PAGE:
I never thought I was going to be able to do graphics programming because I believed I was bad at math. The only class I failed in college was a math course. And yet here I am, actually doing decently well at handling math subjects!!

Visualizing math has made all the difference. Abstract math means nothing to me, and I don’t expect it to mean anything to you either. But that doesn’t mean you’re not good at math- it might just mean you have untapped potential at geometry and visual-based math!

The best way to use this tutorial is probably to either a) reference it when you’re confused about or forget the meaning of a term used in another tutorial (for example, a tutorial says “get the surface normal” or “transform into X space” without explaining what that means) or b) reading it as a primer for more complex discussions of the subjects presented.

To really harness the math involved in this tutorial, you’ll need to do a combination of experimentation and research: start writing code to experiment with the terms you learn, and read books that go more in-depth explaining the math involved.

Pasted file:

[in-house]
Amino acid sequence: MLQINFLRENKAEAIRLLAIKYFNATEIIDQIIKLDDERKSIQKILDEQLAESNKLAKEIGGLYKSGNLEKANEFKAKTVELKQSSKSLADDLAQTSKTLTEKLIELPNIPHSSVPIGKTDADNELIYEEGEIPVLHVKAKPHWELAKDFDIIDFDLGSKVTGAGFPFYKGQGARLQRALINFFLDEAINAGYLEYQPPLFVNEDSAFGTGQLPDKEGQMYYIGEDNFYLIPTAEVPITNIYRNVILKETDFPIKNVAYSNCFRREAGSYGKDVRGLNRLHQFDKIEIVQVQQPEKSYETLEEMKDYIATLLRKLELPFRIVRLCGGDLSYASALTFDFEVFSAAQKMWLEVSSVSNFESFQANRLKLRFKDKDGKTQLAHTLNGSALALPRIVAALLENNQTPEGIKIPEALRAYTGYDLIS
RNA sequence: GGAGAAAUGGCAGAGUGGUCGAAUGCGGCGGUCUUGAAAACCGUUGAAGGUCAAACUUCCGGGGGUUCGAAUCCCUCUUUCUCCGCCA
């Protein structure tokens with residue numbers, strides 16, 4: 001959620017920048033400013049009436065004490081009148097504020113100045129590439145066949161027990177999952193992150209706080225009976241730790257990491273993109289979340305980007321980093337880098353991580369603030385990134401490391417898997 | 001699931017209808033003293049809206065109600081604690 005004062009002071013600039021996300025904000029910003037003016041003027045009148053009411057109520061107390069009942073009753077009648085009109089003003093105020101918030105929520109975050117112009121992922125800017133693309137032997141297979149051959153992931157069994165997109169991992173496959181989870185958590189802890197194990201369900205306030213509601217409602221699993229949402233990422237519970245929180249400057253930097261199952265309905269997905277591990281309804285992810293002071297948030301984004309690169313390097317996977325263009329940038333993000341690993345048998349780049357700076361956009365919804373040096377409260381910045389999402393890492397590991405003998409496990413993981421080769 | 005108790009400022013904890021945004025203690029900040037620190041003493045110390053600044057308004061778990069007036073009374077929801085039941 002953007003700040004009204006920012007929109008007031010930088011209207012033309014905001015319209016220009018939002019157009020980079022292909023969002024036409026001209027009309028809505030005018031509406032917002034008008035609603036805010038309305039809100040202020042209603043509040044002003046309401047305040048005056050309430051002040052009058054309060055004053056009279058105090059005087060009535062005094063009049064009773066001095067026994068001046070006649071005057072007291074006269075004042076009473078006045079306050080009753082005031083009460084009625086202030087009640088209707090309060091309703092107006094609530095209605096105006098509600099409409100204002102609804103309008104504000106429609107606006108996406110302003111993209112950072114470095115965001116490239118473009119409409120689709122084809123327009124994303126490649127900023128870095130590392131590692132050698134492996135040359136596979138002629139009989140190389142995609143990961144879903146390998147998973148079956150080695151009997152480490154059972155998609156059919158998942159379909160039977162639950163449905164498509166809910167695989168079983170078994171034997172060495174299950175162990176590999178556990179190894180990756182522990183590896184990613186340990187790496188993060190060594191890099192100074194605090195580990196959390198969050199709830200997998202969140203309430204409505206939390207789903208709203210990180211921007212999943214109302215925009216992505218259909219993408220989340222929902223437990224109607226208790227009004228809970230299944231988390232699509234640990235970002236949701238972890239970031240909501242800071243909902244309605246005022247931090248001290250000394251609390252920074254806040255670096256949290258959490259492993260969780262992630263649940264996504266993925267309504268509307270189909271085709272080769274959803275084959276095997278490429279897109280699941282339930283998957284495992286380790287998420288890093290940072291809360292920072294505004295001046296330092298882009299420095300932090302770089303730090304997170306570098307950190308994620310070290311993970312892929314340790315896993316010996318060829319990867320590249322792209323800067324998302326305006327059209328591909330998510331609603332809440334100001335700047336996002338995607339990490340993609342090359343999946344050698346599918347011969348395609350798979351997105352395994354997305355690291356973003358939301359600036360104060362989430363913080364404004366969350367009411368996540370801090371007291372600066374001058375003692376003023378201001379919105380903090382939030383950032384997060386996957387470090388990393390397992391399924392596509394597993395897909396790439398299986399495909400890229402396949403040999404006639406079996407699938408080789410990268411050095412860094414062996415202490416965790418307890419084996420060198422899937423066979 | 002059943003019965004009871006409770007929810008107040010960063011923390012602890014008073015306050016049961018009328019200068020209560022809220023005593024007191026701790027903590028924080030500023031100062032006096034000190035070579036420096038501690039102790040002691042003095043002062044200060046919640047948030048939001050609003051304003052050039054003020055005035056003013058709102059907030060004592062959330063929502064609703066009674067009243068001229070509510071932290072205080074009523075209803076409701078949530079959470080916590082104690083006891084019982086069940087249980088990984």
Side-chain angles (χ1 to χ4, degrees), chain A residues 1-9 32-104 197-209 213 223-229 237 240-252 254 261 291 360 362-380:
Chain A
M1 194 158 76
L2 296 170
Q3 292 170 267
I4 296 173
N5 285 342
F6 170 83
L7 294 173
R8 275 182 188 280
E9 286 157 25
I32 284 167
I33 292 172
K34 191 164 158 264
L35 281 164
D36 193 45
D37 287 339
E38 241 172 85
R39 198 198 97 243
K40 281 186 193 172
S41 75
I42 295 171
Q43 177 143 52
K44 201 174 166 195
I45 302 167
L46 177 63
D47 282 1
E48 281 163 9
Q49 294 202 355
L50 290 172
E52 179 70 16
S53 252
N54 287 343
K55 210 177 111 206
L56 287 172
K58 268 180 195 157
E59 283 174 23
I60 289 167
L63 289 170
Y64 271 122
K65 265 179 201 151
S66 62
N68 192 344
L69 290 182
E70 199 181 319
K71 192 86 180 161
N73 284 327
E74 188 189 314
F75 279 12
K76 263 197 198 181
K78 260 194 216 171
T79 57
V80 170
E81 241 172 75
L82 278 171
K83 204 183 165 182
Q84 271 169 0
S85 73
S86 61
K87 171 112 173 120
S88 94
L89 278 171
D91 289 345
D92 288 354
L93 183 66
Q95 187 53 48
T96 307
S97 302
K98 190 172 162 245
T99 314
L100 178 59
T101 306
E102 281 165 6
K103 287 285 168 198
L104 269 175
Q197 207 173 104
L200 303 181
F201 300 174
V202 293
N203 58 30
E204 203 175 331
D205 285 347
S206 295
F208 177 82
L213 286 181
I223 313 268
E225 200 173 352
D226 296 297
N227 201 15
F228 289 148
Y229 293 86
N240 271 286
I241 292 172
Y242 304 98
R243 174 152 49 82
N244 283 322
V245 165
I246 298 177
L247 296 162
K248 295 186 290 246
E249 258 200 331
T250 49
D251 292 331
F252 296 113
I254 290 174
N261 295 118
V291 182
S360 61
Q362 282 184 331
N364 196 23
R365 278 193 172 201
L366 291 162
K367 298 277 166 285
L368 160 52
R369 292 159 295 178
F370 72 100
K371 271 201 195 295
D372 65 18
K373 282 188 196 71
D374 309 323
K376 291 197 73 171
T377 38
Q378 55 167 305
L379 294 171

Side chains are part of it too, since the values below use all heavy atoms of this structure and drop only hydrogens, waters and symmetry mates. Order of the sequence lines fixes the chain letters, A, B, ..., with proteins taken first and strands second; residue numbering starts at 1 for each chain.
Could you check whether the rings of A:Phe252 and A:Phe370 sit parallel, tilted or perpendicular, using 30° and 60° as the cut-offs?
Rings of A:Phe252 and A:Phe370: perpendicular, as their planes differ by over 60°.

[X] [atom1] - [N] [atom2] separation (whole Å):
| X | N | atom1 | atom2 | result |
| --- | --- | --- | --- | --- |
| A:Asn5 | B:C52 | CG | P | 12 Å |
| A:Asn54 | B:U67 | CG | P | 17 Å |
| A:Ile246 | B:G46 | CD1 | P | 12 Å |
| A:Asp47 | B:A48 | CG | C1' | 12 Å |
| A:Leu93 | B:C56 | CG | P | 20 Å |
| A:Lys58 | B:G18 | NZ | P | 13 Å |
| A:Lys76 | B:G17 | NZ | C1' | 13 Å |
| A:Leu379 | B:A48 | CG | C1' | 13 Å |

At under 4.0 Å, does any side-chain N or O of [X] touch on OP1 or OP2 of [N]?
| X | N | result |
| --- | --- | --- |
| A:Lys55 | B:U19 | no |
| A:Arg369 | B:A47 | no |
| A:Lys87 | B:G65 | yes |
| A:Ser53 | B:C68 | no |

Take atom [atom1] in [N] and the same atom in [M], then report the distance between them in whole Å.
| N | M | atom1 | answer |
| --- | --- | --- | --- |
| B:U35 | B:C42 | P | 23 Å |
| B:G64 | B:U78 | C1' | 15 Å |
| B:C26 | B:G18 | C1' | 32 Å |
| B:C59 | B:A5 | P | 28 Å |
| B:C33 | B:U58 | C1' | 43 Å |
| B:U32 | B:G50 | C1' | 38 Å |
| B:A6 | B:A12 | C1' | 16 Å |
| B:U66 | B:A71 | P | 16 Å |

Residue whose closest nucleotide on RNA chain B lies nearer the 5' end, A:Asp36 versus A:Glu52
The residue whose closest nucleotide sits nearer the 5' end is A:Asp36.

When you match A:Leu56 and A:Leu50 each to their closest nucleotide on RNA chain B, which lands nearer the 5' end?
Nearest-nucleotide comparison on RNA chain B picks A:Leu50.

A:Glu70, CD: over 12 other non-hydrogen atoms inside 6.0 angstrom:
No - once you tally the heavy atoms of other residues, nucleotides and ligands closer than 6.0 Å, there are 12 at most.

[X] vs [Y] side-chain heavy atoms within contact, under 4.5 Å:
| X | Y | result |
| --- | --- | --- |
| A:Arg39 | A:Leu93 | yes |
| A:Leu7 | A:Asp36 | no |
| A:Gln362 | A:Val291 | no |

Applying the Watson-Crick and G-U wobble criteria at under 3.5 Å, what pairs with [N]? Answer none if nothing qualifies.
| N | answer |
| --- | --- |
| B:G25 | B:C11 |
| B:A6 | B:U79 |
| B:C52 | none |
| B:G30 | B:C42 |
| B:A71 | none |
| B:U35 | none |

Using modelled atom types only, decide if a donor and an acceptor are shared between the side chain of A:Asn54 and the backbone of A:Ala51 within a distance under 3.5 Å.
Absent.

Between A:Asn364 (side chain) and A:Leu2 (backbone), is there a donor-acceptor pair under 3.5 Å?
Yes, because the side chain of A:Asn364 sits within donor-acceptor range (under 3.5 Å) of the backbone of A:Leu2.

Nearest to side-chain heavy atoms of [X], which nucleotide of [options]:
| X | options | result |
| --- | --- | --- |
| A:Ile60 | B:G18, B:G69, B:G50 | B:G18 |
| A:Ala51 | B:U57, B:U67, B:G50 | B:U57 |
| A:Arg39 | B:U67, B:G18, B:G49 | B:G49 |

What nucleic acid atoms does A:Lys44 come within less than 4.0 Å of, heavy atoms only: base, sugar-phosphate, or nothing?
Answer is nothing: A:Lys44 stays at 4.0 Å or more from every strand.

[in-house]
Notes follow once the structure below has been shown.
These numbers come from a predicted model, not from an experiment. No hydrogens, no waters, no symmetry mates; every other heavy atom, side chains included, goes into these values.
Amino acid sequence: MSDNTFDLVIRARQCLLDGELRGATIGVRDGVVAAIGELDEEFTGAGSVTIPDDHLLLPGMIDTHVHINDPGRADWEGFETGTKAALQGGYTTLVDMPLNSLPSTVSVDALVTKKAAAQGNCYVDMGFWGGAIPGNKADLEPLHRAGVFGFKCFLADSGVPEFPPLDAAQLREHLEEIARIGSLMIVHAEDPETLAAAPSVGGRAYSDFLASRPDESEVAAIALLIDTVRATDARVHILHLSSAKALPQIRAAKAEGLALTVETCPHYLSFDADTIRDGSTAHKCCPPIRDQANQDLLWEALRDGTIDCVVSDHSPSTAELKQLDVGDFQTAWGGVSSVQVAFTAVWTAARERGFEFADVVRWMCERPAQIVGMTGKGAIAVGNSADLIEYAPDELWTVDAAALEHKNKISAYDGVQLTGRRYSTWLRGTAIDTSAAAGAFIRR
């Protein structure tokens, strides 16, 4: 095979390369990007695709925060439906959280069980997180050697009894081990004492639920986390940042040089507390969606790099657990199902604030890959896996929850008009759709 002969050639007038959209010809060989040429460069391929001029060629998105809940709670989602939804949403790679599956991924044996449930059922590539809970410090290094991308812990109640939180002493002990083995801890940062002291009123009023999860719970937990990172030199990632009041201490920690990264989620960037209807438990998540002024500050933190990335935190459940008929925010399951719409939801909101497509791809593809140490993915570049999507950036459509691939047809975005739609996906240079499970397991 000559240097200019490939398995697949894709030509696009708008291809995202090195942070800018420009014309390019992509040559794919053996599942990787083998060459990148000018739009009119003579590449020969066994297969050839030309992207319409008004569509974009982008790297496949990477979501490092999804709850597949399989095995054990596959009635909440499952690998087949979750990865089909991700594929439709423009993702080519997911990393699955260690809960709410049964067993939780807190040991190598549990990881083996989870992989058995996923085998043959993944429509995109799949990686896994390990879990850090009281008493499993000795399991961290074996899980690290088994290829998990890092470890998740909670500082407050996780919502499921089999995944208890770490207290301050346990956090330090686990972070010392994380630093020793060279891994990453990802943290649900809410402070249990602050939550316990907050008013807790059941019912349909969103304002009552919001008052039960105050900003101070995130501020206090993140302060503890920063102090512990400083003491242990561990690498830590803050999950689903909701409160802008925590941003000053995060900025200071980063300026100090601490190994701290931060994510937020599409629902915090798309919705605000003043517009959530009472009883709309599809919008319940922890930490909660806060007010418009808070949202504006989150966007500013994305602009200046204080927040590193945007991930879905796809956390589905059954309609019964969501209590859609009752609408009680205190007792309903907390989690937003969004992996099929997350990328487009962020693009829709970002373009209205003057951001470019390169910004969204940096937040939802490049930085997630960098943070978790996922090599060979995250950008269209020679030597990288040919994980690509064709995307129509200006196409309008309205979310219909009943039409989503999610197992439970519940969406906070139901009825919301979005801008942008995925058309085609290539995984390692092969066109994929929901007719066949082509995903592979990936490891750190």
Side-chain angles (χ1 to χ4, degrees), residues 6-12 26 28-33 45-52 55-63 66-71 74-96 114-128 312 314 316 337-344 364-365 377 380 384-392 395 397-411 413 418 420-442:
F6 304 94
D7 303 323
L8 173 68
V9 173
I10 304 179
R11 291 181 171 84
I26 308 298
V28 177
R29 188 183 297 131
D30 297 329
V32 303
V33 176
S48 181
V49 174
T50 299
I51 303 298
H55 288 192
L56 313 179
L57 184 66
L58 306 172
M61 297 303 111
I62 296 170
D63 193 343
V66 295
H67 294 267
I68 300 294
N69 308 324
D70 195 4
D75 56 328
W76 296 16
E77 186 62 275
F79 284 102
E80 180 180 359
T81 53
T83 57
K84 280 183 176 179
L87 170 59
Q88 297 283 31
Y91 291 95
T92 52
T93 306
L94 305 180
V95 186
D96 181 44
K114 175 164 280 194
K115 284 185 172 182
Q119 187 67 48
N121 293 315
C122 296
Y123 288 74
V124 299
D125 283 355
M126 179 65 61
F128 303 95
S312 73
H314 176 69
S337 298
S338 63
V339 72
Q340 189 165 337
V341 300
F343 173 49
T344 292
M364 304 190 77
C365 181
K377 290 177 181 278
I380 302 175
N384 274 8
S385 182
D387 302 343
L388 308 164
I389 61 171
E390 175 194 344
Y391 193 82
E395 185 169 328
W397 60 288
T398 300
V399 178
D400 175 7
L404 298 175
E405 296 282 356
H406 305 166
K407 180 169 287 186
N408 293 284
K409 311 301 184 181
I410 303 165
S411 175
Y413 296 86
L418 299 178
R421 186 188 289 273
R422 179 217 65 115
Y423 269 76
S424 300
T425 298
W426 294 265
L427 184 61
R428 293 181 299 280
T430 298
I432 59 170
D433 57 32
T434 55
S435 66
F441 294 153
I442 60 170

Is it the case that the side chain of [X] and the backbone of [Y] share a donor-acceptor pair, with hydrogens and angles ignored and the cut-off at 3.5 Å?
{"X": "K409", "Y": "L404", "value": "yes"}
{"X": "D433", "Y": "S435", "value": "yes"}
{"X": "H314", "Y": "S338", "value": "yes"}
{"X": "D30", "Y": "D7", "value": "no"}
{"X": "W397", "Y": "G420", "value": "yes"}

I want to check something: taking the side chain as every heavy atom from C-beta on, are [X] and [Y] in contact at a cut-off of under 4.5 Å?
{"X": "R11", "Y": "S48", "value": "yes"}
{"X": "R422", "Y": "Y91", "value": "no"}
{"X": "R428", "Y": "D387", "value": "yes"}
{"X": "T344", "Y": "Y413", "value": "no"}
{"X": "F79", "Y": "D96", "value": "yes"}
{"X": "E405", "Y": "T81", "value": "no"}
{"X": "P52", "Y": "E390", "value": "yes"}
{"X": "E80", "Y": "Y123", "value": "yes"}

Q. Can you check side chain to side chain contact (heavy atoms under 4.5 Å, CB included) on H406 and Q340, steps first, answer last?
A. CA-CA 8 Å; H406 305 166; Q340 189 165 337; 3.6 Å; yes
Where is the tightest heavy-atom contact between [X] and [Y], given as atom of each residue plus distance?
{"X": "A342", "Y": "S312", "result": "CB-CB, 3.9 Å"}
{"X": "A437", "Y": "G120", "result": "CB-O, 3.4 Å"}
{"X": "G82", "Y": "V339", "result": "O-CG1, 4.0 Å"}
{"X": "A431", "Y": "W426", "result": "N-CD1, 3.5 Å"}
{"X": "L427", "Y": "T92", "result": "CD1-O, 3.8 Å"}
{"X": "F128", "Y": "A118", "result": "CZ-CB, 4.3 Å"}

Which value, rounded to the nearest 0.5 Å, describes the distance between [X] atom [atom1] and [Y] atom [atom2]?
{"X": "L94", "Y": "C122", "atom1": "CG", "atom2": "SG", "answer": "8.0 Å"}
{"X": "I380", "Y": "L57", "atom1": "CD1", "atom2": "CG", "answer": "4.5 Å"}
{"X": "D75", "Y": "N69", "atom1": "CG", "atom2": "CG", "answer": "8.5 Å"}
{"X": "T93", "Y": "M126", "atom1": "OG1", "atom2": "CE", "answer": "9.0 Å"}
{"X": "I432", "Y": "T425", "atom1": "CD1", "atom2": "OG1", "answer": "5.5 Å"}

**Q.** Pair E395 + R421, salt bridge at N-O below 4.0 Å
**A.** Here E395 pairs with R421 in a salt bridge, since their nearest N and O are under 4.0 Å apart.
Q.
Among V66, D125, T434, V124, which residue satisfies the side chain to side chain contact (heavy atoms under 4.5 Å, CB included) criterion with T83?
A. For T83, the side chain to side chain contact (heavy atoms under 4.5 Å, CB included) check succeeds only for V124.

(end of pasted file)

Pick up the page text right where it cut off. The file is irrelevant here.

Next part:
Or, you could do what I did, and use it as a brush-up on your graphics-related linear algebra skills before having a technical interview.¯\_(ツ)_/¯

This tutorial is going to cover how the following math topics apply to representing 3D geometry:

• What vectors and matrices represent
• Vector cross products & surface normals
• Vector normalization
• Vector dot products
• Matrix * vector multiplication

Hey y’all! Today, I want to show you how I created this ice / crystal shader. There are three parts to this effect:

1. The transparency with opaque, white edges
2. The iridescent bumpy texture
3. The distortion effect behind the ice

All of these effects are reusable for other kinds of shaders.

For example, if you’re successful, you’ll be able to apply the distortion effect to anything, like the water shader!

For your reference during the tutorial, here’s the final code for the shader.

## Cel Shader with Outline in Unity

Today, I want to cover two super popular topics for shaders in Unity:

1. How to create cel-shaded lighting
2. How to create an outline effect

In addition to this code, you may want to check out the Unity graphics settings for this tutorial, which are important for lighting a cel-shaded game well.

If you like this post, be sure to follow me on Twitter 🙂

If you’ve never written shader code before, or used Unity, you still may get plenty out of this post, because the algorithms used to write the cel shader and the outline are applicable to any shader. If you do write shader code in Unity, you’ll find the rest of the techniques extra helpful 🙂

This is the end result, applied to an adorable Boston Terrier model made by amazing artist Kytana Le:

And here’s the full code for you to reference while following the tutorial: